Trip Gabriel’s NYT story yesterday concludes as follows:
“I think the establishment will do anything in their power to try to stop Donald Trump at the national convention,” said John Patrick Yob, the former delegate strategist for Senator Rand Paul of Kentucky, who dropped out of the race on Feb. 3.
That could include changing rules that bind delegates to candidates, said Mr. Yob, One of the first orders of business at the national convention in Cleveland in July will be a meeting by the rules committee to determine guidelines for the proceedings.
Delegates may not personally support the candidates they are bound to represent, based on their state’s primary or caucus results. If they are “unbound” by a rule change, or after a first ballot in which no candidate wins a majority, the nominating fight could crack wide open on the convention floor.
Water Shapiro in Roll Call:
But the stakes in Cleveland in July would be infinitely greater — with the threat of the first takeover of a modern political party by an authoritarian who traffics in racism and exudes contempt for the First Amendment. Under these circumstances, there would be nothing anti-democratic about GOP leaders using every mechanism in their power to stop Trump. Gaming the rules, after all, is what Ronald Reagan tried against Jerry Ford in 1976.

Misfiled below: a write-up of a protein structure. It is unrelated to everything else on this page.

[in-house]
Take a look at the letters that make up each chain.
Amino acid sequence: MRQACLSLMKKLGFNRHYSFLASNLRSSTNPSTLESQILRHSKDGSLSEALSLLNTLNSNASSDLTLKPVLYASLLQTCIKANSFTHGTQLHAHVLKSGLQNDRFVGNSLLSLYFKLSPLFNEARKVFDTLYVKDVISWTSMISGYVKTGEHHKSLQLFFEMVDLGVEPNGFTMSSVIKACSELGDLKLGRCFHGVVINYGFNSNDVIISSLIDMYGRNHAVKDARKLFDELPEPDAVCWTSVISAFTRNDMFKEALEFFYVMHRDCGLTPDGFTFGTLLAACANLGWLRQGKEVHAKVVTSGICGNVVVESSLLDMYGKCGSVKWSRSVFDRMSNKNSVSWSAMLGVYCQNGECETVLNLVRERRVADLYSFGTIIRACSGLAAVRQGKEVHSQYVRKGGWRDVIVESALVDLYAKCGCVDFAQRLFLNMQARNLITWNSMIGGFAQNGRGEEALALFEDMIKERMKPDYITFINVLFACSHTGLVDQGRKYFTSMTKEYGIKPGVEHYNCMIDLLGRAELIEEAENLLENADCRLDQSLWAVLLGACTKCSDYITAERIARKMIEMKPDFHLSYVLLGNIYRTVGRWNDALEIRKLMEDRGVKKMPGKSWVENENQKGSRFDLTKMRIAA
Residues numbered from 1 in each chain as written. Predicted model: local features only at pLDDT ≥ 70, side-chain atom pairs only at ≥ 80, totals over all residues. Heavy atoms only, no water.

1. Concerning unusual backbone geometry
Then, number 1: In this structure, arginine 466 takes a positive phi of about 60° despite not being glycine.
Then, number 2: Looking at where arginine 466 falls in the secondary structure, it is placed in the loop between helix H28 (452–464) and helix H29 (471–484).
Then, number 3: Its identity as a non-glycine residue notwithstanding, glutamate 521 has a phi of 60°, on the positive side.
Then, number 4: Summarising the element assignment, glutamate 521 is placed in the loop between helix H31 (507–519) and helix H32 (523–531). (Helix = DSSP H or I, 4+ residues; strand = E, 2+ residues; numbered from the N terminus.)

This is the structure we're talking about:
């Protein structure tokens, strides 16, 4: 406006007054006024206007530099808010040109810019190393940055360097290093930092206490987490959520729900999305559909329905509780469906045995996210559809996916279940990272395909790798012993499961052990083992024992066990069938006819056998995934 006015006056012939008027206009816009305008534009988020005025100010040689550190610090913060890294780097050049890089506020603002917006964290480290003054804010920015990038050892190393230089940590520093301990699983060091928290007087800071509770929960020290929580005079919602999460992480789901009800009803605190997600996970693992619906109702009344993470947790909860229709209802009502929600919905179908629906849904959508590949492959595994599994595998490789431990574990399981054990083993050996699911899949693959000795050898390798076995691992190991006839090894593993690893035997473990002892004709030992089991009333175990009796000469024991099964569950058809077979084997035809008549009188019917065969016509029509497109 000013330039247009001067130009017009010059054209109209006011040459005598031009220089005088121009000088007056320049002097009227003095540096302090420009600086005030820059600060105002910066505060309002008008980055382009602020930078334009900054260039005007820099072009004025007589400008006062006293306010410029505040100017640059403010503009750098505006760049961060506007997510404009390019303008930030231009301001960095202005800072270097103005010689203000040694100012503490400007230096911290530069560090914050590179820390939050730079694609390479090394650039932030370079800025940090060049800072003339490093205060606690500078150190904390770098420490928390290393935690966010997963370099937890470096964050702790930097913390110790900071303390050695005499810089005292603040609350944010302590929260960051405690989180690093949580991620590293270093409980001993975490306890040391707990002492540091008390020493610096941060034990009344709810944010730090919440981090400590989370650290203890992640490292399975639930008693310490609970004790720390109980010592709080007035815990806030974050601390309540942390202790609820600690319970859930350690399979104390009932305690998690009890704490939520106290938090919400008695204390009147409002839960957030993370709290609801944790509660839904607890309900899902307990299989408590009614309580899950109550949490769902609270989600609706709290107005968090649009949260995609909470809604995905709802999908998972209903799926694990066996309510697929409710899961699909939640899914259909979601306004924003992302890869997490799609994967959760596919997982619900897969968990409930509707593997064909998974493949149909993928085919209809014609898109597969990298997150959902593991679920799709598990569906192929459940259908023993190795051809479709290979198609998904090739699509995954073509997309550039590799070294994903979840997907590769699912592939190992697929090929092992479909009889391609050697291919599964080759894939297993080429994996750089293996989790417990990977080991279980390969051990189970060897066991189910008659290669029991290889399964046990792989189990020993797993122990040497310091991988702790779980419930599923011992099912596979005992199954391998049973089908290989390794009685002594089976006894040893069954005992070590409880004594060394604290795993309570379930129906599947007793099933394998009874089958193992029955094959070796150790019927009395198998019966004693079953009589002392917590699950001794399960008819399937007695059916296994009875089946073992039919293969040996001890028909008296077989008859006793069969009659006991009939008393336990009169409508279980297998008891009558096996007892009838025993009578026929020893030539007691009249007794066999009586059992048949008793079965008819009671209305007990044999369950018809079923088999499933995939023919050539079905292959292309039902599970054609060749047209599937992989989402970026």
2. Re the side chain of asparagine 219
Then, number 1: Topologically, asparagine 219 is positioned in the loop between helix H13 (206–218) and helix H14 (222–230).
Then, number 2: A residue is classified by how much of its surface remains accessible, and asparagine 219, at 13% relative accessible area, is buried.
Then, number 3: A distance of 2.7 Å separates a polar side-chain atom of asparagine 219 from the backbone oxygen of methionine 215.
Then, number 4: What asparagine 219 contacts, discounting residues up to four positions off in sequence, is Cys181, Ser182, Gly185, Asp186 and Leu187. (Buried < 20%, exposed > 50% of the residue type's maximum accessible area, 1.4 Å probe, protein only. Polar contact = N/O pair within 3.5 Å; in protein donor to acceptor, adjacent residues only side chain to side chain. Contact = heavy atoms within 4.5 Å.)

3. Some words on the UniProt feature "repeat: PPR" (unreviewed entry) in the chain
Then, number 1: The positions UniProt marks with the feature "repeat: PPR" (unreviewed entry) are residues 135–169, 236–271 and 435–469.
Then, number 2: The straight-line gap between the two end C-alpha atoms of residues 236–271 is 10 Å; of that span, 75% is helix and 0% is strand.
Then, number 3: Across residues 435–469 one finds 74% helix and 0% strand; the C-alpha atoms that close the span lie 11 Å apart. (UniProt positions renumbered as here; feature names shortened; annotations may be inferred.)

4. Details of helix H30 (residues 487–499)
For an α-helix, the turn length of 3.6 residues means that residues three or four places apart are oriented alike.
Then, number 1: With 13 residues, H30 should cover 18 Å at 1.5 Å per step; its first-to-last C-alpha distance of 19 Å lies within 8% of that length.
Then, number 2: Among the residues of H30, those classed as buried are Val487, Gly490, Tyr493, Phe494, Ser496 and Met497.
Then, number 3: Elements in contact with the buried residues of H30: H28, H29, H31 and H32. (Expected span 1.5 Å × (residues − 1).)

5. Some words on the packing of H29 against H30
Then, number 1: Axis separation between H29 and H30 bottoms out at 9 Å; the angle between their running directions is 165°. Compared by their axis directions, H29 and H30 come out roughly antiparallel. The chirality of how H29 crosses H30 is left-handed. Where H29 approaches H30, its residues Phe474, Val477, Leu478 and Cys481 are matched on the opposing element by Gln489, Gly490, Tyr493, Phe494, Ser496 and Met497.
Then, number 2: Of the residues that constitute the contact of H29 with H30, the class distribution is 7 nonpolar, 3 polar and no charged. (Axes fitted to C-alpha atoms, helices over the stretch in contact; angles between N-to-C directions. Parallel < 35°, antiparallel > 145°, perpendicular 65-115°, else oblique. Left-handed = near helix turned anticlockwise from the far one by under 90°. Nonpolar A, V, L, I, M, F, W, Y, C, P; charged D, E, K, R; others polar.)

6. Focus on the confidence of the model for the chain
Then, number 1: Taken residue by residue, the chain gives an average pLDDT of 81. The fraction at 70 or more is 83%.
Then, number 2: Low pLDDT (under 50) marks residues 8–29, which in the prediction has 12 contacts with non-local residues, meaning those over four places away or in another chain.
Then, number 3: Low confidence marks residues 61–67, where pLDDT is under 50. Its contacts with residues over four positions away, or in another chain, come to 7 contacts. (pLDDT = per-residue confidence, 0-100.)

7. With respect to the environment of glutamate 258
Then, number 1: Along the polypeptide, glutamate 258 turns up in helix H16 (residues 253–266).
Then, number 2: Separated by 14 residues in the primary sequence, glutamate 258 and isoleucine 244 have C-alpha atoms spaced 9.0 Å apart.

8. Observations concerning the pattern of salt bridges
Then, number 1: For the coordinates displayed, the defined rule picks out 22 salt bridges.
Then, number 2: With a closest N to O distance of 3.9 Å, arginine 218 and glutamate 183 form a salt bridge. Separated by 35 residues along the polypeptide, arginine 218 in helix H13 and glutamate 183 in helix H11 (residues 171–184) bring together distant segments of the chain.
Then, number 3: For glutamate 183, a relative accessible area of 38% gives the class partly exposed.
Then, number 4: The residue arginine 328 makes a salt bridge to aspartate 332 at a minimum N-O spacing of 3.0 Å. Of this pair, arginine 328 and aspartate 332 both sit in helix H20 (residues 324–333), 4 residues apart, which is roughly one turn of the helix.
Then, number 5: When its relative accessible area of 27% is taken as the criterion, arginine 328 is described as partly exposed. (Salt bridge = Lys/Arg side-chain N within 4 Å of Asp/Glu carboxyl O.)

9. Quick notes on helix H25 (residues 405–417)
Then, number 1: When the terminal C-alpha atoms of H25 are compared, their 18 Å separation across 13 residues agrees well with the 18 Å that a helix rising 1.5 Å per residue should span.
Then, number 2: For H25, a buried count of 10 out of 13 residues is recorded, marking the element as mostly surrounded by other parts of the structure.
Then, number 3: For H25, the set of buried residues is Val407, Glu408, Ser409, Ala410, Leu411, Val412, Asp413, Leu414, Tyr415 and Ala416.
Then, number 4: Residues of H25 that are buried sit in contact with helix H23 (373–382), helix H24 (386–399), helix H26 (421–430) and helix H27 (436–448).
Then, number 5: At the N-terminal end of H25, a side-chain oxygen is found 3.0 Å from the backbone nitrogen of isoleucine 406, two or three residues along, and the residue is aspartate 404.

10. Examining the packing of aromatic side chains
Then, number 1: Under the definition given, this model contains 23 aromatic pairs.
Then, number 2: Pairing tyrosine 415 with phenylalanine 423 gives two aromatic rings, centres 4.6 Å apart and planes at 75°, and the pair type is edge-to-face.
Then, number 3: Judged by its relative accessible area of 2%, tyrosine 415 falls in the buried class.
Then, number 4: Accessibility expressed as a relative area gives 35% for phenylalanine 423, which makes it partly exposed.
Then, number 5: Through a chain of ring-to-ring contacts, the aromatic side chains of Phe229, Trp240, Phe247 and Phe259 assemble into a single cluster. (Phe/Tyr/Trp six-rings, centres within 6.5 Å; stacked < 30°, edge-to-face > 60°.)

It is worth remembering that — even with a delegate lead or a majority — Trump would face built-in disadvantages in Cleveland. Paul Ryan would be the convention chair and other GOP insiders would probably control relevant committees like convention rules and party platform. In some states, Trump does not get to pick his delegates slates, but instead is saddled with party stalwarts of dubious loyalty.
Would Republicans do this to block Trump, especially if it means going against the majority of party voters? On the one hand, if the calculation is that Trump would lose no matter what, then this might be a way to save the Republican brand even if Trump at that point tried to mount an independent campaign (and it is not clear based on timing that he’d be able to pull that off from the convention forward). On the other hand, what wrath would Republican leaders face from the rank-and-file, and from the Tea Party folks, if they deprived folks of the nomination? What would the repercussions be for the party leadership? It looks quite risky.
My gut tells me that if Trump actually gets a majority of the delegates, Republicans would not kill his nomination at the convention but instead individual Republicans would distance themselves from Trump. They’d drop him like a “hot rock” if necessary, as Sen. McConnell put it.